Recently I’ve seen a lot of discussion over dice. Dice are probably a very important topic to you. I’ve seen many of my opponents have rituals or superstitions. When people are giving battle reports players often use phrases like, “My dice abandoned me”, “My dice where on fire” and “I got diced!” If you want to be better at this game and win more then changing your relationship with dice is one of the simplest and effective ways to achieve a marked improvement. That’s a bold claim, but I stand by it. I see many good players lose games purely because of a poor relationship with dice.
This all started on a forum where a player asked how people found dice that rolled well. The initial responses contained lots of the usual mojo. “I store my dice with the sixes face up” or “I roll them all one hundred times and keep the ones that roll best”. I hear things like this a lot from players and I usually dismiss it as mindless superstition. This time however, it struck a nerve. If my opponent turns up to the table with dice that they believe will roll better than average then they are attempting to cheat, even if it’s entirely in their own head.
And that’s the thing it’s easy to dismiss this as silly superstitions that don’t affect the game, but consider that the main thing we look for in cheating is not what happened, but intent. If a player mistakenly gets a rule wrong, we don’t consider it cheating. The truth is that rules are played wrong in almost every game of Warmachine. It’s an incredibly complex game with lots of rules interactions and on top of that we had a new edition just over a year ago. This means we often misremember rules or stats. It’s not ideal, but it’s an inevitable part of the game and I don’t think anyone would reasonably accuse those players of cheating. Two quick examples: I played the Stone Scribe Elder as Mat 6 (which he was in Mk2) for nearly a year. It gave me a tiny advantage and I was horrified when I found I had been playing it wrong. On the flip side I also played the Earthborn as if Water didn’t count as difficult terrain anymore. I had misread the new rules and assumed it had changed since Mk2. This was giving me a small disadvantage, but these two example show that no one ever really plays the perfect game and it’s not cheating. I’m almost certainly still playing something wrong, we all are.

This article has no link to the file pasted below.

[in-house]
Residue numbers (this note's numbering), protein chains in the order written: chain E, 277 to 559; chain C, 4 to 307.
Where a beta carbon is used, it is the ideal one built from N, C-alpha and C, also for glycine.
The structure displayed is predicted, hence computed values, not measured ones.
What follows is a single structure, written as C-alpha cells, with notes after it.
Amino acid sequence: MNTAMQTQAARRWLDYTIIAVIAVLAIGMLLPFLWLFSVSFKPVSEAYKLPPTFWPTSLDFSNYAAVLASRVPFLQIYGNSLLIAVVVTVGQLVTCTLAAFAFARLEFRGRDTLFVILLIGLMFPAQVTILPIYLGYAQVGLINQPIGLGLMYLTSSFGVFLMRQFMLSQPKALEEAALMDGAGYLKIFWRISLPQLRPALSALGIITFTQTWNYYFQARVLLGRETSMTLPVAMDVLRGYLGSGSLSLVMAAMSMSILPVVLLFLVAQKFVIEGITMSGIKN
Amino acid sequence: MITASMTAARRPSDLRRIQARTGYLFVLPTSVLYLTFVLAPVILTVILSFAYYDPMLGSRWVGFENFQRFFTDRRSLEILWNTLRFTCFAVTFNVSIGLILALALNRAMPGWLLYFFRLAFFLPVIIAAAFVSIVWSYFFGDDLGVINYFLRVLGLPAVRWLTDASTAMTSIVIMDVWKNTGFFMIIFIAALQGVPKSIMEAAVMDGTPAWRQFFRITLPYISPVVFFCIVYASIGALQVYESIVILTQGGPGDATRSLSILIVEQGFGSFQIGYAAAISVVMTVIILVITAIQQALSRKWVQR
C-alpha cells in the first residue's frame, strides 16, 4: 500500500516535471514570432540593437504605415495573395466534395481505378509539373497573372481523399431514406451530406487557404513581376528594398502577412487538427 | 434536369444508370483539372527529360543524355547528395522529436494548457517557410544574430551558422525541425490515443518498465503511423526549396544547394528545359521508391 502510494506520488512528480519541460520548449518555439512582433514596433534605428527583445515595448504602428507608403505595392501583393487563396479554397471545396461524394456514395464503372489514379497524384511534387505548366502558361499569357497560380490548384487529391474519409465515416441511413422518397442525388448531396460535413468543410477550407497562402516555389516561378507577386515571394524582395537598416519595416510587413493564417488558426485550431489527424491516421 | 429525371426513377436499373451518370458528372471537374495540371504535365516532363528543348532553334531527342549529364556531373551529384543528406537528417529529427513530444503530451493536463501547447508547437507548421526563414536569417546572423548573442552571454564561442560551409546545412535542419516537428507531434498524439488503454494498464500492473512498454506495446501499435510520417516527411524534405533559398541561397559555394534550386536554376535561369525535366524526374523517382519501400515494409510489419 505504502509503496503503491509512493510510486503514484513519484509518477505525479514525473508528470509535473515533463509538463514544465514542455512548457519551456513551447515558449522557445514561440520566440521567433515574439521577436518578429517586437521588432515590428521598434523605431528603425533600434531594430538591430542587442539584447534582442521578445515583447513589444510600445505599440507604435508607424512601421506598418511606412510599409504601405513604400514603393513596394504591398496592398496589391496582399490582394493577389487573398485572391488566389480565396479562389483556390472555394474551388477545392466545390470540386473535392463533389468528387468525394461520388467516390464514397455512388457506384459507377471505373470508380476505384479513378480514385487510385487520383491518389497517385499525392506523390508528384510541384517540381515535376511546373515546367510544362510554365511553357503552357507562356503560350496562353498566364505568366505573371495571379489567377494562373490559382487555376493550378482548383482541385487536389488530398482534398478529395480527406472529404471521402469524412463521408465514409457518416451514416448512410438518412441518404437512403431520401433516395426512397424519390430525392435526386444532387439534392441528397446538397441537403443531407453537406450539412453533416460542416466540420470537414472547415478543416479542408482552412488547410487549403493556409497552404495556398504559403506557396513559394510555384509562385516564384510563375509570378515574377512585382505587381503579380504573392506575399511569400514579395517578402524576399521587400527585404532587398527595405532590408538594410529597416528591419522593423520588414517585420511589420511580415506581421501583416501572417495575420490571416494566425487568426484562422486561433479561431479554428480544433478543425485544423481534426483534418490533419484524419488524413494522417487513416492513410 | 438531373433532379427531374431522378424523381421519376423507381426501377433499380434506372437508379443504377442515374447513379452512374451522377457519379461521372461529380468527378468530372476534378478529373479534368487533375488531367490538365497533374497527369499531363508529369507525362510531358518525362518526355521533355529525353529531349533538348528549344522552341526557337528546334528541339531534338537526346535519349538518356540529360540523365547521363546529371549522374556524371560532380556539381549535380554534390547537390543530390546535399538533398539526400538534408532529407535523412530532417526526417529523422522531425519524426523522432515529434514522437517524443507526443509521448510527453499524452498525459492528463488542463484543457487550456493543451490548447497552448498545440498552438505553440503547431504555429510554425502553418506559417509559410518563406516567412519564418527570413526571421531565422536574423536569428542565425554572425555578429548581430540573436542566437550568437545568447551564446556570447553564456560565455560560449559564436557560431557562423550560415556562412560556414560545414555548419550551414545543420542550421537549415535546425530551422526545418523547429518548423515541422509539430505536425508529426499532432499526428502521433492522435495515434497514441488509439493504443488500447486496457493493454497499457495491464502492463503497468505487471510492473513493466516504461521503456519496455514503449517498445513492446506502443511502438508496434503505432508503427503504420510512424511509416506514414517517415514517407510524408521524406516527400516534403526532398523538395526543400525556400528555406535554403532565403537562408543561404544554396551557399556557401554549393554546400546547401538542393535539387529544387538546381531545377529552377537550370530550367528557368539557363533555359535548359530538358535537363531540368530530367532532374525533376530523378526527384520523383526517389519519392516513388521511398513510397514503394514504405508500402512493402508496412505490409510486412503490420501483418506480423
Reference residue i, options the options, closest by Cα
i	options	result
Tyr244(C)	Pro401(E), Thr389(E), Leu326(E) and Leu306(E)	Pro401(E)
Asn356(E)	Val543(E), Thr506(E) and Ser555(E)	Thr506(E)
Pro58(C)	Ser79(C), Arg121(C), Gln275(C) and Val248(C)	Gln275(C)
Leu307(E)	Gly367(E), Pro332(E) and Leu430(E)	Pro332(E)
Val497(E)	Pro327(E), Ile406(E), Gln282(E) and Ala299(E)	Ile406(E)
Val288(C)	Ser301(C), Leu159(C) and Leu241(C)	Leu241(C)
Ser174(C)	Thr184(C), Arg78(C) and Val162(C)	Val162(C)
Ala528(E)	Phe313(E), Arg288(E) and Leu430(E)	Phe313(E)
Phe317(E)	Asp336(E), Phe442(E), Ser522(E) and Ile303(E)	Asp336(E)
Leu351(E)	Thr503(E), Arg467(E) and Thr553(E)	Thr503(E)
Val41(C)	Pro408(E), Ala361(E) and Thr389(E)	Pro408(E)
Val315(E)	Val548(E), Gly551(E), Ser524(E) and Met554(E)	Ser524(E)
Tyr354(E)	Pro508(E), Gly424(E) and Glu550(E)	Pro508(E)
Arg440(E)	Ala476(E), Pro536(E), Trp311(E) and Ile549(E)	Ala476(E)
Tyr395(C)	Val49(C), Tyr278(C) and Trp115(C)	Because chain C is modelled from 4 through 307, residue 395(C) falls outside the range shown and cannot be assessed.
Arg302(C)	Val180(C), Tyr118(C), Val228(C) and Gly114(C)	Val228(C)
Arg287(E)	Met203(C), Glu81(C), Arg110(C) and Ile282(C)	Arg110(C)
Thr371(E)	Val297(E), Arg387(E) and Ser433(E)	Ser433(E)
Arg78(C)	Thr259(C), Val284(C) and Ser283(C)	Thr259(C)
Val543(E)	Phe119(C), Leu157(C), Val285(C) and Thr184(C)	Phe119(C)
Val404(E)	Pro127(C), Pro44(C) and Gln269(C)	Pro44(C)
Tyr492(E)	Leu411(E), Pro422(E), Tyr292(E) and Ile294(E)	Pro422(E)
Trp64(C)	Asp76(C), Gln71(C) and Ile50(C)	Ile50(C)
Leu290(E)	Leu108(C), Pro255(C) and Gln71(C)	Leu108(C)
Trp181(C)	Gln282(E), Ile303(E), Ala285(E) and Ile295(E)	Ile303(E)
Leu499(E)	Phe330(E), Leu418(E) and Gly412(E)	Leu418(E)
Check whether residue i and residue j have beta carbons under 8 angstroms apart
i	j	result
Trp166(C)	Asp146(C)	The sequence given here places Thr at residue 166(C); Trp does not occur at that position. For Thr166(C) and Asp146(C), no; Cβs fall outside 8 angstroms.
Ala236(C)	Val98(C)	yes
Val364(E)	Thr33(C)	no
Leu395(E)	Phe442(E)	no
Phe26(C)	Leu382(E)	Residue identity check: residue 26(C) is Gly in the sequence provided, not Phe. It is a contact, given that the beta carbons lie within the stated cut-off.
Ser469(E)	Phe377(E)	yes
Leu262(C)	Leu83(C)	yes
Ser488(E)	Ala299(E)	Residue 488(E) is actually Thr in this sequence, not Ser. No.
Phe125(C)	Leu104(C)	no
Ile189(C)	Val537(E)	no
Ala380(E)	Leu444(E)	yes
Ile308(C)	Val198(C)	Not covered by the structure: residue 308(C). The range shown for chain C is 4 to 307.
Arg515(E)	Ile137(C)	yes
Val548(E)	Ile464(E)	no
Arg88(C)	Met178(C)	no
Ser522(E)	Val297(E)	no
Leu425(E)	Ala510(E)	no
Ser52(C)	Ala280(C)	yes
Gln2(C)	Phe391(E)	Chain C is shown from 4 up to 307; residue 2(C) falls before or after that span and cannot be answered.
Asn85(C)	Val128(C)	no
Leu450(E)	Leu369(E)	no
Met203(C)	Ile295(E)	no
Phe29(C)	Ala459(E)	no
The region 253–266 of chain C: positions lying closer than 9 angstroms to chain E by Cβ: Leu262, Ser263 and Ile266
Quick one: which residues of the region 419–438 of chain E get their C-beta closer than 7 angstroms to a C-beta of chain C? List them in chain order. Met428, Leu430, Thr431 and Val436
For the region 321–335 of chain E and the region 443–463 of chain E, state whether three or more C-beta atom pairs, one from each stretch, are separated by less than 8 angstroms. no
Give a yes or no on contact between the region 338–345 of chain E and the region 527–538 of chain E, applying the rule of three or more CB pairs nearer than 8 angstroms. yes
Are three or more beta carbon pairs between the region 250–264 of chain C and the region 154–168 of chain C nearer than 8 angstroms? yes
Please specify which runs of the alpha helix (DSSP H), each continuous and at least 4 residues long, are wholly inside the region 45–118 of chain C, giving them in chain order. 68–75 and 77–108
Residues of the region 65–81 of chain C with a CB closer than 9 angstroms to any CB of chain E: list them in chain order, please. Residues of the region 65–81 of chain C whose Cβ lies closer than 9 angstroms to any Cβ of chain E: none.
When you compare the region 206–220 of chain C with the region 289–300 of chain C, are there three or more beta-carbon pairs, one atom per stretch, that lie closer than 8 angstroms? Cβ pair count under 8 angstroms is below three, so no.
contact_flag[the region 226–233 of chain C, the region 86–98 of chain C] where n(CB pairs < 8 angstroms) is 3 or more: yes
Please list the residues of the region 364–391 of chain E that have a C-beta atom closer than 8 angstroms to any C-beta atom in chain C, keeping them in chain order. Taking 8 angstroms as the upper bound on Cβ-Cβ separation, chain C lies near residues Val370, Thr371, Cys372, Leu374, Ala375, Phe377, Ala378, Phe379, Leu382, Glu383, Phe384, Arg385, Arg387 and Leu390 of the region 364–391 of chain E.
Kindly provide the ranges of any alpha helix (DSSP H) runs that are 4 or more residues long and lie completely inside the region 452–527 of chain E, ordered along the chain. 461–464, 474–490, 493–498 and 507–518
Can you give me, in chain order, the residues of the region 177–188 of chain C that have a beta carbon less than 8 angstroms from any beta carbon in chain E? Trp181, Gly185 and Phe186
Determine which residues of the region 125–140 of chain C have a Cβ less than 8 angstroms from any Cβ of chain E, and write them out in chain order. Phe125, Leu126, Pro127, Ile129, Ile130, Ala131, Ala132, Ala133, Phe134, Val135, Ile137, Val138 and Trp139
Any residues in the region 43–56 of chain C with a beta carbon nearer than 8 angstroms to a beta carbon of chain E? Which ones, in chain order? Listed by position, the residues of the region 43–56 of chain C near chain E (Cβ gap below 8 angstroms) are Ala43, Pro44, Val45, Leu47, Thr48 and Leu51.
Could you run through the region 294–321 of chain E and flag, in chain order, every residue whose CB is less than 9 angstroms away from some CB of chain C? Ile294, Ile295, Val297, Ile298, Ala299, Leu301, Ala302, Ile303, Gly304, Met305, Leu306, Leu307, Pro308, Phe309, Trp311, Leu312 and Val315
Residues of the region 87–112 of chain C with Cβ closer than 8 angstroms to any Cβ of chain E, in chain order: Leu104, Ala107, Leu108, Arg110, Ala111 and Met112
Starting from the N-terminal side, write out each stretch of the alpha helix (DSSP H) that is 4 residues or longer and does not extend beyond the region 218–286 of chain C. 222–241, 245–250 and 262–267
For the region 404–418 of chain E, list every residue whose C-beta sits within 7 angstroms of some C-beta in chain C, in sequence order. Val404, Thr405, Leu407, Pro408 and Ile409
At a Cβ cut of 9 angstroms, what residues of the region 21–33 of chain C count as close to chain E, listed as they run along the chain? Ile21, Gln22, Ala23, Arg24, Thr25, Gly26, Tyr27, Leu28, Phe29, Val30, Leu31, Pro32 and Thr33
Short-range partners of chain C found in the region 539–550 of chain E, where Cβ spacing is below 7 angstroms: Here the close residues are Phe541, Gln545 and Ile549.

If I continued playing the Stone Scribe Elder as Mat6 after I discovered the change then yes I’m cheating, because my intent is to gain an advantage. Even if the Elder hits but does no damage so it makes no fundamental difference. So if we accept that intent is what matters in regards to cheating then all of these rituals to improve the way dice roll suddenly become a bit malicious. A practice I’ve heard of is testing dice by rolling them a statistically significant amount of times, recording the results and keeping the dice that rolls best. All die have imperfections and unfortunately no die are going to roll perfectly average, but the moment you attempt to find which one of your dice has a beneficial defect then you are cheating if you continue to use that dice.